W. Someset Maugham has been credited with stating “Write what you know.” He also has been quoted as say, “There are three rules for writing the novel. Unfortunately no one knows what they are.”

Sounds as if he might have had his good days and bad days in the creative process, too. And not only that, his edict to “write what you know” has been misused by many composition teachers and abused by their students who seem to prefer the second quote …

Nevertheless, I write what I know. And then I slip into my “what if …?” mode, steal from every single author I’ve read and every person I’ve known, and assemble my stories out of bits and pieces, and what I end up with is a jigsaw-puzzle-like story of life.

Most of my characters are assimilation and assemblages, but a few of them are directly based on one or two people I’ve known, at least at the beginning of their “lives” in my novels, until they take off on their own while I follow them and jot down their exploits in “What if …? Land”. What if I gave the sunny-faced girl I remember from my first period Junior English class more responsibility than she can handle? What if I dropped a black basketball player into a small town and forced him to play football? What if I placed a metal detector into the hands of a gay kid and sent him to the scene of a crime sixty years ago? What if I killed almost everyone off except for a teenager who has run away from home and manages to find a place of safety?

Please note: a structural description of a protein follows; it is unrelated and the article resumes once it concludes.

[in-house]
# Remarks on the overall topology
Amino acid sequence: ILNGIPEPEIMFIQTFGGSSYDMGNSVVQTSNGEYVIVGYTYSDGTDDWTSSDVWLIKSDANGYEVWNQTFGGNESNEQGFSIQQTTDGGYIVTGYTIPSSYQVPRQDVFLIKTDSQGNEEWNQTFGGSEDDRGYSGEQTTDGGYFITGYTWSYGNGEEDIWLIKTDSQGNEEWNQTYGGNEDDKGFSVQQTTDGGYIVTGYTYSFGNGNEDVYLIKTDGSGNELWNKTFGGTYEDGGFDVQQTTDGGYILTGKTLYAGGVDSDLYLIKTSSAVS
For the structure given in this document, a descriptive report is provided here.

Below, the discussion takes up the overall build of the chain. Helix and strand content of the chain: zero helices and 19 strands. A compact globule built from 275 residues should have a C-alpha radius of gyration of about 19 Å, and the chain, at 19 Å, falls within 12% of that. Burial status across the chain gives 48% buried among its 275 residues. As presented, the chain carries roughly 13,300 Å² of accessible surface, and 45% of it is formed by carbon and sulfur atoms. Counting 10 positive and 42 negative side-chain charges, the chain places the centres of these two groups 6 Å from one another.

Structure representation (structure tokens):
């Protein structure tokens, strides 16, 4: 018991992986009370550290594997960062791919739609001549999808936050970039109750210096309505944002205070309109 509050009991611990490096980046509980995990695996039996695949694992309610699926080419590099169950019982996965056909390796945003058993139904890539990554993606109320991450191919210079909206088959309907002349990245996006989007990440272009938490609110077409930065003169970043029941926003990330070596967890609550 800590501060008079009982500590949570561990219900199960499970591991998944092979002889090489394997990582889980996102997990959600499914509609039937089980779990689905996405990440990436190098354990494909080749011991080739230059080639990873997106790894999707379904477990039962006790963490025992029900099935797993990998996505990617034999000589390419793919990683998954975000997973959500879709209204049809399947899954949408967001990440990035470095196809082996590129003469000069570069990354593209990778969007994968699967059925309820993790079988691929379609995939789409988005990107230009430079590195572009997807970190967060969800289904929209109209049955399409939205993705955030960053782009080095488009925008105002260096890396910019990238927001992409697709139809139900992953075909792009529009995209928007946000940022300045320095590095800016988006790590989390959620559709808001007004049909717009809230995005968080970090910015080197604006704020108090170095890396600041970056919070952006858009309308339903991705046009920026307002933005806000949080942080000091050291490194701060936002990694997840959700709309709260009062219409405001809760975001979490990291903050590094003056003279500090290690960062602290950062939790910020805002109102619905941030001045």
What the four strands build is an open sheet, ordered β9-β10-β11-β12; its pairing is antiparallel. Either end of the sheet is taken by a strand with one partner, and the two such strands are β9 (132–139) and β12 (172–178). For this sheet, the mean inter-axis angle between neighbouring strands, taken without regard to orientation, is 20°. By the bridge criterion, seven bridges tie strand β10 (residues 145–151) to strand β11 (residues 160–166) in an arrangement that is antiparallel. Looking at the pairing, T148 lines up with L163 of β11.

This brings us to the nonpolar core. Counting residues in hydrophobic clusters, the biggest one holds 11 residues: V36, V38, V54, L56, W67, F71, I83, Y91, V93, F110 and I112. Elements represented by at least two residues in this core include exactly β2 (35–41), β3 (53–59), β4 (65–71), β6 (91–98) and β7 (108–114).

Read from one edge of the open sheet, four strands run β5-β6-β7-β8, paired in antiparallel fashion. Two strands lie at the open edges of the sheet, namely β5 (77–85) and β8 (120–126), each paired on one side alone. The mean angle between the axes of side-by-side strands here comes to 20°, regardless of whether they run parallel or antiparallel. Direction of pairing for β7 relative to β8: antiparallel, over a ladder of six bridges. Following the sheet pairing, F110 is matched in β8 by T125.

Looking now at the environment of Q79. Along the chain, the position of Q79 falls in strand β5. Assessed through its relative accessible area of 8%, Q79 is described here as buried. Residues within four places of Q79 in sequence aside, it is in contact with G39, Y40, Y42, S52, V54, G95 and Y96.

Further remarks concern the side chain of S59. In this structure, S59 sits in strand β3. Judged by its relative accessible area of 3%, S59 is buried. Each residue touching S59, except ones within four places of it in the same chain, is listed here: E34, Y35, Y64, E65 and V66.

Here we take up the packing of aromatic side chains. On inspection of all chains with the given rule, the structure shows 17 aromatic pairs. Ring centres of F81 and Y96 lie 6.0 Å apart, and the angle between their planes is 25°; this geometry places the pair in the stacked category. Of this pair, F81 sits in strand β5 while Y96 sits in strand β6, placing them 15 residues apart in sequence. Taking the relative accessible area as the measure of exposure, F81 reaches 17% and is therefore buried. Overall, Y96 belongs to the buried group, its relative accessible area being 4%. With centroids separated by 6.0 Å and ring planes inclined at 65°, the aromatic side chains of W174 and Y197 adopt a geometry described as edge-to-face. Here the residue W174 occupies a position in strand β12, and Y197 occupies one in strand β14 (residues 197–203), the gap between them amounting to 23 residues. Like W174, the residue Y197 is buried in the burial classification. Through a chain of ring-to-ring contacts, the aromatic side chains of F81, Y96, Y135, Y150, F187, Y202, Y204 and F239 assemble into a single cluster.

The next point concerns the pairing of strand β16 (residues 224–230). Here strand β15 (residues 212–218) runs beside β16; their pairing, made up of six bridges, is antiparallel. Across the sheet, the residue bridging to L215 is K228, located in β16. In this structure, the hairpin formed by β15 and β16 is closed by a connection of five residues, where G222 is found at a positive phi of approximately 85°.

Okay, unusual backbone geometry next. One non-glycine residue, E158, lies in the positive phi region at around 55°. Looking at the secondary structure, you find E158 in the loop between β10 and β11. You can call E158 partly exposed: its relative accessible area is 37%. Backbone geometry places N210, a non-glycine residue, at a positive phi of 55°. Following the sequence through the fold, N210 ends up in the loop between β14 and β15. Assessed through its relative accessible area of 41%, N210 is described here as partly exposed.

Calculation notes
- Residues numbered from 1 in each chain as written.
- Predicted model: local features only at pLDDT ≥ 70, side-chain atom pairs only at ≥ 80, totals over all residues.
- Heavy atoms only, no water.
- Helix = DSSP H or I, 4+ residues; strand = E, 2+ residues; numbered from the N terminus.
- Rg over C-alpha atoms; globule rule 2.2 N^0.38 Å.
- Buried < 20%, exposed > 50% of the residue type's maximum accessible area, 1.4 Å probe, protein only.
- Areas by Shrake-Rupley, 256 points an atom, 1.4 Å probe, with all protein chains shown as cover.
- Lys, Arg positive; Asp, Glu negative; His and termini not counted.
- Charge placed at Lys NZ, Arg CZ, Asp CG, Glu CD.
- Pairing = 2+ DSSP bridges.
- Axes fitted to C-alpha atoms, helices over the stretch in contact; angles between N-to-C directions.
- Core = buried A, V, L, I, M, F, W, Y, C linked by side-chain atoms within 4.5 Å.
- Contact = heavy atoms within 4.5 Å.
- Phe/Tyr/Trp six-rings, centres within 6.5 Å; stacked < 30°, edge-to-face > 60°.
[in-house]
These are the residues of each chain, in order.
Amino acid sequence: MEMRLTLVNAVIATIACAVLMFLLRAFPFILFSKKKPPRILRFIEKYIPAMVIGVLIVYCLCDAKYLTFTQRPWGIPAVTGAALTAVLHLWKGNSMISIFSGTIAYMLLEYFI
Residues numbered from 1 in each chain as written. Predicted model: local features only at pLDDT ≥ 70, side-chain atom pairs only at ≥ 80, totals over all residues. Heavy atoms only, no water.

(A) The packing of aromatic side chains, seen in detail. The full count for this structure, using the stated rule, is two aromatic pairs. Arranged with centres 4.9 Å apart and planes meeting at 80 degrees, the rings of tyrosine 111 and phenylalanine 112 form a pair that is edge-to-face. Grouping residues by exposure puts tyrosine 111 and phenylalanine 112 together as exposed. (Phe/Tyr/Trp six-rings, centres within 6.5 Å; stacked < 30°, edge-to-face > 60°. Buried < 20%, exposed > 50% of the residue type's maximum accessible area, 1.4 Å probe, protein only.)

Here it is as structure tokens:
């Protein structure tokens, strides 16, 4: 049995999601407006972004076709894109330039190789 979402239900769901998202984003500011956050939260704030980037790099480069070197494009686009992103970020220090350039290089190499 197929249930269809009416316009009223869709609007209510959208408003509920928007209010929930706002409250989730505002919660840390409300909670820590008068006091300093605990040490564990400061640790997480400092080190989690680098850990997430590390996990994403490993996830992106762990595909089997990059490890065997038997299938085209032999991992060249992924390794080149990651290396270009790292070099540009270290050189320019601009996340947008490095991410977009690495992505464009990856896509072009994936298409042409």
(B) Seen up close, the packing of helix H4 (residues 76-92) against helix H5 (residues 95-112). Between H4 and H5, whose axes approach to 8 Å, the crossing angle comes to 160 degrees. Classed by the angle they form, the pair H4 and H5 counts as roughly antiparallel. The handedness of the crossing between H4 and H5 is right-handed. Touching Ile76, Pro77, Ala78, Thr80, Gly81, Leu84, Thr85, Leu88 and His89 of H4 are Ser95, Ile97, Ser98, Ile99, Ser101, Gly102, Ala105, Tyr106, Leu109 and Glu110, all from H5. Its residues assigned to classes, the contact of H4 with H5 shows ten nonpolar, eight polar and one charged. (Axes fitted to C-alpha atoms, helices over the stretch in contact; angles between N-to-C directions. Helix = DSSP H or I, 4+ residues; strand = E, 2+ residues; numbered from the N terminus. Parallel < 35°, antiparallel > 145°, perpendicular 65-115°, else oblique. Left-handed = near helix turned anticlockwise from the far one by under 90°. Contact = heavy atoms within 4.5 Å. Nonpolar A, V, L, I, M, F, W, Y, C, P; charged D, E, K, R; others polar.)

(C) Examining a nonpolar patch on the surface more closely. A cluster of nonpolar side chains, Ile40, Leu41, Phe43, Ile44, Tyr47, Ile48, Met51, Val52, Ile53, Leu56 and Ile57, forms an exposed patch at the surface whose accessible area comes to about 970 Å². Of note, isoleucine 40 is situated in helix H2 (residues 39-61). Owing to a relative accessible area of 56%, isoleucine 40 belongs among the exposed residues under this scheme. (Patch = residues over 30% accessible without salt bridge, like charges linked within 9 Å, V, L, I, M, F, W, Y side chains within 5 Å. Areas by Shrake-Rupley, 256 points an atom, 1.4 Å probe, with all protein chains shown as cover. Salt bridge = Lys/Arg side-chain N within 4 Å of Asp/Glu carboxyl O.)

Author influences on me are many and varied, but most of them are from the first books I read while growing up. Walter R. Brooks taught me how to generate humor in his “Freddy the Pig” series as did Hugh Lofting in the Dr. Dolittle novels. Nevil Shute showed me how to create happy endings that could be both satisfying and believable. Robert A. Heinlein was at least the first writer to create living, breathing creatures for me, and his contemporary, Arthur C. Clarke, taught me how to create settings that never existed out of what I knew, or at least suspected. Mackinlay Kantor and Jan de Hartog showed me how to create alternate histories and populate them with almost-real characters. And the list goes on.

So – write what you know, but then be prepared to break any and all rules of writing. Works for me!

Now retired after 34 years of teaching English, Spanish, and journalism in public, private, and government schools. Hobbies: DX'ing (Google it!), gardening, collecting a lot of crap that now fills my house (I bet I have older computers than anyone who has better sense!).


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